Policy Summary
The Twenty – Fourth Amendment to the United States Constitution provides in Section One:

The right of citizens of the United States to vote in any primary or other election for President or Vice President, for electors for President or Vice President, or for Senator or Representative in Congress, shall not be denied or abridged by the United States or any State by reason of failure to pay any poll tax or other tax.

On November 6, 2018 voters in the State of Florida approved the ballot initiative known as Amendment 4. The initiative would permit Florida felons to be restored with the right to vote after they had completed all the terms of their sentence. Florida voters approved Amendment 4 overwhelmingly with 64.55% voting in favor while 35.45% voted against the measure. In 2019, due to Republican opposition to Amendment 4, Governor Ron DeSantis signed a bill that added an additional requirement before the right to vote was restored. SB 7066 required that felons must also pay all fines and fees associated with their sentence.

The battle then moved to the court system. The Florida Supreme Court ruled that the law was constitutional. However, another suit was brought in federal district court in Florida, which ruled that the additional requirements of SB 7066 violated the U.S. Constitution and therefore issued an injunction blocking implementation of SB 7066. That ruling was appealed to the U.S. Court of Appeals for the Eleventh Circuit, which just ruled to uphold the injunction of the law issued by the federal district court. So it appears that for now felons will be able to vote.      LEARN MORE

Policy Analysis
While this decision by the U.S. Court of Appeals for the Eleventh Circuit is a win for voting rights advocates it is certainly not the end of the case. The injunction initially issued by U.S. District Judge Robert Hinkle was only an order to prevent the law from going into effect until the issue can be decided on the merits at a full trial. With the injunction upheld by the appeals court the law remains frozen pending the non – jury trial that had been scheduled, which will begin in April 2020.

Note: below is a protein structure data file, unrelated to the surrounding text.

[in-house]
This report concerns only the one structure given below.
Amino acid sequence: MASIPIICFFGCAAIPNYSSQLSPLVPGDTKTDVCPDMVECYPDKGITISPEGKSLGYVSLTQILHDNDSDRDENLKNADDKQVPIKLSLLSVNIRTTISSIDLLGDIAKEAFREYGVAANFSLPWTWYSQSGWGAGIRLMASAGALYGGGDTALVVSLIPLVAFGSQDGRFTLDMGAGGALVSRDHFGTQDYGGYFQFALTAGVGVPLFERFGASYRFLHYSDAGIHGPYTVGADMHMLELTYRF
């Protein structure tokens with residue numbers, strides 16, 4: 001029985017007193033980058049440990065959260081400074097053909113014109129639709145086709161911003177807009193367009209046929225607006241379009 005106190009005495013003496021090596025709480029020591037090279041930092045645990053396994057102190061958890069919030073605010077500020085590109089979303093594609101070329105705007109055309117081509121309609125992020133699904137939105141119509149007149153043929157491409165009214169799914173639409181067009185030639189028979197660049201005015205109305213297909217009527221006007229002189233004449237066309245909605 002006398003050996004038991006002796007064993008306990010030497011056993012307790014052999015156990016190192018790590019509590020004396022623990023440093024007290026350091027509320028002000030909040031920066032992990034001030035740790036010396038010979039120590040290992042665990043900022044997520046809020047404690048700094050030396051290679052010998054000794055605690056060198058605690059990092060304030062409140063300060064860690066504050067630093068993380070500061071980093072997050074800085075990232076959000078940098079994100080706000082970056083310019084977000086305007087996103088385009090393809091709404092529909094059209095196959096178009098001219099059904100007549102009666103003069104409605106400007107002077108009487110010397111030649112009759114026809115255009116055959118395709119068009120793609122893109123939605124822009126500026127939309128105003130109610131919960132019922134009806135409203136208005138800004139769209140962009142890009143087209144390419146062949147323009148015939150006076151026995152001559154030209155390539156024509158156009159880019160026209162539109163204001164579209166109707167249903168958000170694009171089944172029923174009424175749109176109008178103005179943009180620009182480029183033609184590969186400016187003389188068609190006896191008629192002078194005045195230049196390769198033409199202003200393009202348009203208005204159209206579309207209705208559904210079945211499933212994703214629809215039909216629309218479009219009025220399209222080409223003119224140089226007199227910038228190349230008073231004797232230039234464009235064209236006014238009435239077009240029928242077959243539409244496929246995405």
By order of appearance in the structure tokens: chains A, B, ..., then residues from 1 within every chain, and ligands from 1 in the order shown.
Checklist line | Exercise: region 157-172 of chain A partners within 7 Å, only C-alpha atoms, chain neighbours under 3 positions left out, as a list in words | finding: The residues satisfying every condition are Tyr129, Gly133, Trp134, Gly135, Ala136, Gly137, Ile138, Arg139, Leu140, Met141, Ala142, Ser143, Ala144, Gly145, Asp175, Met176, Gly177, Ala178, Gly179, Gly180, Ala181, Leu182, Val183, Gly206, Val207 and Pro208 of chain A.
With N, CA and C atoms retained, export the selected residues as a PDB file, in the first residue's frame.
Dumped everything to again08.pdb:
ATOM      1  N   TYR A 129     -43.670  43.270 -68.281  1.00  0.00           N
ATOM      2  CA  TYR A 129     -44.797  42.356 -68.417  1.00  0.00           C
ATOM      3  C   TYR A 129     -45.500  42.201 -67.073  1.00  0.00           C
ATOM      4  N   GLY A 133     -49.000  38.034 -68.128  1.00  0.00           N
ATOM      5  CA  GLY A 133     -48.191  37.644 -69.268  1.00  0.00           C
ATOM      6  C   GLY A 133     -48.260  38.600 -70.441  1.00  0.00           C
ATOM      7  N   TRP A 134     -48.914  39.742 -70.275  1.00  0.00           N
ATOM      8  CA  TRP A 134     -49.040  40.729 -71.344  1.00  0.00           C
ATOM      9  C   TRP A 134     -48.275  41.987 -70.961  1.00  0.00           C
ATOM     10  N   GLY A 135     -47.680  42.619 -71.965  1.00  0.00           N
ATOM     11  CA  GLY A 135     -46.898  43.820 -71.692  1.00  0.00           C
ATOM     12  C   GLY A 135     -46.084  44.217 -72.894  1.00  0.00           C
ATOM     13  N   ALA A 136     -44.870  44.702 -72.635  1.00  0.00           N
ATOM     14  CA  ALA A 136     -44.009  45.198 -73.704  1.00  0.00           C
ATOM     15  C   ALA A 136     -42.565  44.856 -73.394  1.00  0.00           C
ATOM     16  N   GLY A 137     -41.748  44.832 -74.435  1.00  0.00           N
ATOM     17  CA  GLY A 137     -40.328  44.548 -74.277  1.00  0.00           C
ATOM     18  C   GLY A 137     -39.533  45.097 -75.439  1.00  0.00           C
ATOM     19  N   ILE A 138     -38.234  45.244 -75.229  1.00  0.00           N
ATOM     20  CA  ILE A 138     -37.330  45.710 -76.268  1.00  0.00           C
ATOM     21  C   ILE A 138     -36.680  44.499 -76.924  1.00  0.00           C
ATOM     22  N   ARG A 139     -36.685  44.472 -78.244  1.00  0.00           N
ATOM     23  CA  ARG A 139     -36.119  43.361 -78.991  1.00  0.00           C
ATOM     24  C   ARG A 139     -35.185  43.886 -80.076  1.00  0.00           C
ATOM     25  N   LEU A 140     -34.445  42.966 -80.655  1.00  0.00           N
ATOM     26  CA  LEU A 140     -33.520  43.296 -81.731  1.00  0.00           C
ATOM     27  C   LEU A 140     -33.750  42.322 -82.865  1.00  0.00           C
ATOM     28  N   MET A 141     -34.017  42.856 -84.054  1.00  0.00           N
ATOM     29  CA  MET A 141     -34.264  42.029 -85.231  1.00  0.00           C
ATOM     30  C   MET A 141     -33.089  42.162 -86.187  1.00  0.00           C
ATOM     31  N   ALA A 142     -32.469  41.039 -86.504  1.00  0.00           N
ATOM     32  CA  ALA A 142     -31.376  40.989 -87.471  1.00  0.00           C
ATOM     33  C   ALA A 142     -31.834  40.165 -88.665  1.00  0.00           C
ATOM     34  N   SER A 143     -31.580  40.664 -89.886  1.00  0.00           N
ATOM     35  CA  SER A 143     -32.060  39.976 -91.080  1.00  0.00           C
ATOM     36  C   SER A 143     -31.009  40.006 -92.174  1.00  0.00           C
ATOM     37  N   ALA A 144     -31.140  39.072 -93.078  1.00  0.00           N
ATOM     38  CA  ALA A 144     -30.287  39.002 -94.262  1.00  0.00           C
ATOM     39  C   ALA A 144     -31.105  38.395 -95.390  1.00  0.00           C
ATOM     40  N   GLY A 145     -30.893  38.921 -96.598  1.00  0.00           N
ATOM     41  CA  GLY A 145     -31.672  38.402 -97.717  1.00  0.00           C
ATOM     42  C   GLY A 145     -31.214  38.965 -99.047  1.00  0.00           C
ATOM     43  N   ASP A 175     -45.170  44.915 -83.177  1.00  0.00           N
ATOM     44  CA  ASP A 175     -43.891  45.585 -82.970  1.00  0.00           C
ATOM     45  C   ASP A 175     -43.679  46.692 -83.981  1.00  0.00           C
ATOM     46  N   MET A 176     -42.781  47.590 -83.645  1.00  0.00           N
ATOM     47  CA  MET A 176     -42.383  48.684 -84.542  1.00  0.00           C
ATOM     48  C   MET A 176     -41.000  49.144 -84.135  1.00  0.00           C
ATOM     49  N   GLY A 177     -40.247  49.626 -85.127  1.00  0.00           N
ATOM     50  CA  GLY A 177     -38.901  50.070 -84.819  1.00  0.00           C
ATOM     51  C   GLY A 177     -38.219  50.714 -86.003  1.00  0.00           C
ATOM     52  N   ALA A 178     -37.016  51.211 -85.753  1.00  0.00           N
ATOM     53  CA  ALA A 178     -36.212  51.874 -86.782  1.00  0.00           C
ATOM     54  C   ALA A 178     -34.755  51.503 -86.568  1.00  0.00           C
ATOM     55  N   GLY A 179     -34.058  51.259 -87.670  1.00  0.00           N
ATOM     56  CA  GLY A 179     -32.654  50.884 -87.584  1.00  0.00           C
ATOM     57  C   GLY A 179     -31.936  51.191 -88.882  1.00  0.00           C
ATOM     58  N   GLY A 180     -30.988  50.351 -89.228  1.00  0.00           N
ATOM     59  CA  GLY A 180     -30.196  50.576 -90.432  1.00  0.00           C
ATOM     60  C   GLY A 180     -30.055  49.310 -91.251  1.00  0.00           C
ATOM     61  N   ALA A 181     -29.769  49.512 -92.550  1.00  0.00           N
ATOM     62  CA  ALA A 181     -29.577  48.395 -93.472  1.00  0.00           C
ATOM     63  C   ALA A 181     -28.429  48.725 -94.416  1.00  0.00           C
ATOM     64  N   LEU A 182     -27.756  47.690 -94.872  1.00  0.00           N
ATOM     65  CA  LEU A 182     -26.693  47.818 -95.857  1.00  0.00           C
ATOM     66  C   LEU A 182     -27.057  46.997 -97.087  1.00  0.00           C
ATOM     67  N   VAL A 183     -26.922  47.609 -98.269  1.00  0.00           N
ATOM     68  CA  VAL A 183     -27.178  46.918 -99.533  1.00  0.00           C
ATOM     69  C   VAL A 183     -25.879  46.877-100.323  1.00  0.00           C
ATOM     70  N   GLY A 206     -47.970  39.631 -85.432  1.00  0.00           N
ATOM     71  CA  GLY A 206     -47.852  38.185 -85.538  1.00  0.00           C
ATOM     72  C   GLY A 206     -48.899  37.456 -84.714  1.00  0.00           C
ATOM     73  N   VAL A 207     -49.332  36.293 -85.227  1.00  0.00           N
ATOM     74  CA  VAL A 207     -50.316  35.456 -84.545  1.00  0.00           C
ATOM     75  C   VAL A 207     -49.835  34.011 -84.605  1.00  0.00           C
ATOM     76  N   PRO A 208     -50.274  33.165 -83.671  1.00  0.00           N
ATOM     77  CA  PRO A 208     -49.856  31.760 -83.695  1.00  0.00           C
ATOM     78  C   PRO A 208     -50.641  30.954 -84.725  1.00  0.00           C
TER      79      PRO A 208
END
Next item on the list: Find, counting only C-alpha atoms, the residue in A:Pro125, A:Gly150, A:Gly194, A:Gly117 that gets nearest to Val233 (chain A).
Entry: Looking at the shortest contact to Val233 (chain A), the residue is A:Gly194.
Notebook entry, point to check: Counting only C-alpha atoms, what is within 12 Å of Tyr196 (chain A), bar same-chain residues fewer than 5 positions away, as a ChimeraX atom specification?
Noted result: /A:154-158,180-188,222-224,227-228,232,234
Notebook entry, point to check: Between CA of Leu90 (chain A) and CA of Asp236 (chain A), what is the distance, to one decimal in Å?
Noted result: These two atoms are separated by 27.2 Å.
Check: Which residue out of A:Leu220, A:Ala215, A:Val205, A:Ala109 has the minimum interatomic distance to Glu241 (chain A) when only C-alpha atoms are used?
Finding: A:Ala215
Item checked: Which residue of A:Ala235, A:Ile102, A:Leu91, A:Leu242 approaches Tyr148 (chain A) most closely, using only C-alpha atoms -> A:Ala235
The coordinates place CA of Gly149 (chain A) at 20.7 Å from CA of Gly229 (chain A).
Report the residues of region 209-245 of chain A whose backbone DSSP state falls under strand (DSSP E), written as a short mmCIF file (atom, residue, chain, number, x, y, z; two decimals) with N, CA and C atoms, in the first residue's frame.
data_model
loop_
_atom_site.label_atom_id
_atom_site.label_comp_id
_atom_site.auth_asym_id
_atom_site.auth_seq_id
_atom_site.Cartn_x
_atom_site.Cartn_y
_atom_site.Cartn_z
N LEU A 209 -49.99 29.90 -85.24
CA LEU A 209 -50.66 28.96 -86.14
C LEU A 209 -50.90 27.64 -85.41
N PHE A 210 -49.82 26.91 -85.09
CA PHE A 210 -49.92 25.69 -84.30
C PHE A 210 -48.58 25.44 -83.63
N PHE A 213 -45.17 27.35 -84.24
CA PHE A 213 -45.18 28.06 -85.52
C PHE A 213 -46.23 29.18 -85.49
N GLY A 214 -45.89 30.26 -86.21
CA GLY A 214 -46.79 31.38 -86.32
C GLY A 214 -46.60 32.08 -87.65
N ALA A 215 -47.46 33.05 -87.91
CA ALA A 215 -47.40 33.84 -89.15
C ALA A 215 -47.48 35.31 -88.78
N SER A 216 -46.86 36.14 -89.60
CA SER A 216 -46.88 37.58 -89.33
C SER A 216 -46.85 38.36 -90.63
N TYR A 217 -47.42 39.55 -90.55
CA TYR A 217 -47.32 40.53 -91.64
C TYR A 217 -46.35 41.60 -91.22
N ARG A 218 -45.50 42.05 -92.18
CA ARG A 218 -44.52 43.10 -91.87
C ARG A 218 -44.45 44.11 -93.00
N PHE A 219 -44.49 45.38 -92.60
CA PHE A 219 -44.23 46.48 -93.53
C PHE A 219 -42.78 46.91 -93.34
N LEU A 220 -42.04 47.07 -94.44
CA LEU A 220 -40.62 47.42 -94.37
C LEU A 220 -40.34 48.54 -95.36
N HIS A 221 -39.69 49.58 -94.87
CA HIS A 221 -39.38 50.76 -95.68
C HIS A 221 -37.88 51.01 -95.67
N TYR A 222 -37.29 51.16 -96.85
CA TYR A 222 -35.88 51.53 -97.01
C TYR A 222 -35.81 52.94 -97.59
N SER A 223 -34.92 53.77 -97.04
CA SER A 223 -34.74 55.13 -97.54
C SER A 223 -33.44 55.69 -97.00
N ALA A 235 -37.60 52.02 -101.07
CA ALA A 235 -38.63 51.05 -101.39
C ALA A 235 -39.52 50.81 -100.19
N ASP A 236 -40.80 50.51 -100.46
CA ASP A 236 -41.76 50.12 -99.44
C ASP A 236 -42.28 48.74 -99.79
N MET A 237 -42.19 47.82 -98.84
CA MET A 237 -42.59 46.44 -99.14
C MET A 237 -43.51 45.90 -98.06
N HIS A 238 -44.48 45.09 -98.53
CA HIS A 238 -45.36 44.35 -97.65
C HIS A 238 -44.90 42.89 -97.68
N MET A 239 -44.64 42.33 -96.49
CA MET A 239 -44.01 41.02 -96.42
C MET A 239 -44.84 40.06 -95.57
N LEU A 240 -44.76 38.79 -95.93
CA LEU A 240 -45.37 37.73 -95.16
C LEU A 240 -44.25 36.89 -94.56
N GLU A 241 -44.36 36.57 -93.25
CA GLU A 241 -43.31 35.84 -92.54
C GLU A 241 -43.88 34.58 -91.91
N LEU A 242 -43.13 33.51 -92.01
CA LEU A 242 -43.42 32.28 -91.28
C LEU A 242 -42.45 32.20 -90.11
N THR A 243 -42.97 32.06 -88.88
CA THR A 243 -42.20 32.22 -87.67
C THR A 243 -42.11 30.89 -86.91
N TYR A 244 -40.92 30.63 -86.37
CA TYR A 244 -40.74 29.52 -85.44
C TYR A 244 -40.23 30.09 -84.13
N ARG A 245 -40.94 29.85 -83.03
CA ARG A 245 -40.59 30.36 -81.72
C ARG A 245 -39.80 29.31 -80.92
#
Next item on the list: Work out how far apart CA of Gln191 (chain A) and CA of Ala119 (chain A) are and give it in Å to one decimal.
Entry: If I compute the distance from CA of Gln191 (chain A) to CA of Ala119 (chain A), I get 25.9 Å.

Additionally, Governor De Santis’ has indicated that he was disappointed with the ruling and intends to appeal the decision. An appeal would likely take several months to be resolved and might not be resolved in time for the November 2020 elections. However, a number of academics have calculated that the number of felons who would have their voting rights restored is 1.4 million which can certainly sway an election or an initiative on the ballot. This explains why both parties are going to extreme lengths to fight for the future of this issue. Republicans had initially opposed Amendment 4 and suffered an unexpected defeat when voters overwhelmingly approved it. In turn, Democrats have accused Republicans of trying to oppose the popular will of voters by adding additional requirements that would blunt the move to add 1.4 million more voters to the state rolls. And if the case moves up through the appeals process and eventually to the U.S. Supreme Court that will also likely bring up the constitutional poll tax issue which was outlawed with the 24th Amendment in 1964. The stakes are certainly high and while many would have liked to have had this issue resolved in time for the November 2020 elections it seems up in the air whether 1.4 million former felons in Florida will have their voting rights restored by the end of the year. LEARN MORE, LEARN MORE, LEARN MORE

Engagement Resources:

This brief was compiled by Rod Maggay. If you have comments or want to add the name of your organization to this brief, please contact Rod@USResistnews.org.

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